Letting to families has been proven to take up the least amount of property management time in comparison to alternative types of tenants.
Findings have surfaced from over 1,000 responses to the latest quarterly landlord research from the National Landlords Association (NLA), which asked them to consider how much time they spent on property management. This included dealings with tenant queries, property maintenance requests and general business administration.
From the findings, research has revealed that landlords who let properties to families and young couples spend, on average, eight hours on property management per week. Contrastingly, landlords who let their properties to migrant workers, recipients of benefits, or who have executive lets, can expect to spend up to 12 hours per week on property management.
In regards to regional landlords, in the North West of England, it is estimated that they spend ten hours on management a week. This is almost twice as much time per week, compared to landlords with properties in the South East, who spend just five and a half hours per week.
Additionally, finding have shown that landlords with mortgages spend, on average, three and a half extra hours per week on property management compared to those who do not have mortgages. Those landlords with energy efficient properties will be spending two hours less each week on property management.
Richard Lambert, CEO of the NLA, commented: “This data reinforces the fact that families make good, reliable, and long-term tenants, but some landlords can be put off by the perceived risk of more damage or wear and tear to the property or its contents.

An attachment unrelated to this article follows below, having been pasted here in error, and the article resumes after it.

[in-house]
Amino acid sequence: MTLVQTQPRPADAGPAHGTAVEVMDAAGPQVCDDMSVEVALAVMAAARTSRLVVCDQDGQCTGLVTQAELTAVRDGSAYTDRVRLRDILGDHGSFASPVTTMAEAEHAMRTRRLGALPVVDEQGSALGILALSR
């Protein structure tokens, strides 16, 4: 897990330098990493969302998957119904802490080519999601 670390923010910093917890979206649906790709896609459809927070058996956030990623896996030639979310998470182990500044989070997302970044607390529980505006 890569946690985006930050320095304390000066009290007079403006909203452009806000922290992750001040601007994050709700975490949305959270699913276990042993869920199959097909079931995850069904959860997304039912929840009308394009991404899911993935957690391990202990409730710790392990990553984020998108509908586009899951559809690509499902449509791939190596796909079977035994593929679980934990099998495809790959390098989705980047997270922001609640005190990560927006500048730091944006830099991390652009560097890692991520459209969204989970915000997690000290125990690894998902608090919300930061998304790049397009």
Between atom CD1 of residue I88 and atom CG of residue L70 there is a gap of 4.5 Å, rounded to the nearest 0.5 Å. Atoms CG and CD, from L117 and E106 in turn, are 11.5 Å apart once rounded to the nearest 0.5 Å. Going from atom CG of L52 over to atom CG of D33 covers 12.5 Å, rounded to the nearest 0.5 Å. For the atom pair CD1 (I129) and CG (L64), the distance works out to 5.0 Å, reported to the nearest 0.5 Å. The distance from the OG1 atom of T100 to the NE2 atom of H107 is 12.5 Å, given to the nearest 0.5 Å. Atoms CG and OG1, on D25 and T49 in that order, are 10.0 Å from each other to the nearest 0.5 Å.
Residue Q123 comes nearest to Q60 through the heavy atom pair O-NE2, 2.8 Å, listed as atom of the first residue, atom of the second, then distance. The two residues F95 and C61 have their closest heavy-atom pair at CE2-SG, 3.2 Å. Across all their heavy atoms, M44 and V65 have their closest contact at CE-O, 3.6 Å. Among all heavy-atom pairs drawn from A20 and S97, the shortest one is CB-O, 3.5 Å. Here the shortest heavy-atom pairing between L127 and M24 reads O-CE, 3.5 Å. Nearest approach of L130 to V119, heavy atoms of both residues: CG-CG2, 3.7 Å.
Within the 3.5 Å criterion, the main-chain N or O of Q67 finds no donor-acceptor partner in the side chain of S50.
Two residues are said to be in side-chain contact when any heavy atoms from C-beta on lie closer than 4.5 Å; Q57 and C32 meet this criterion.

“However, if you’re properly maintaining the property then tenants will be more likely to stay for longer anyway, particularly families who typically seek more stability. This is just one more argument for establishing a proper maintenance schedule in the first place.
“Landlords who rent to migrant workers or provide executive lets may find it takes up more management time because there’s a greater churn of tenants which means re-marketing the property, drawing up tenancy agreements, and conducting property viewings more regularly”.
The NLA also says that another big cause for concern is that those in receipt of benefits take up more management time for landlords. Mr Lambert continued: “The combination of welfare cuts and the introduction of Universal Credit make it difficult for some benefit recipients to keep up with rental payments and that often means taking more time for the landlord to manage. It’s frustrating for everyone because the issues can be outside the control of both tenants and landlords”.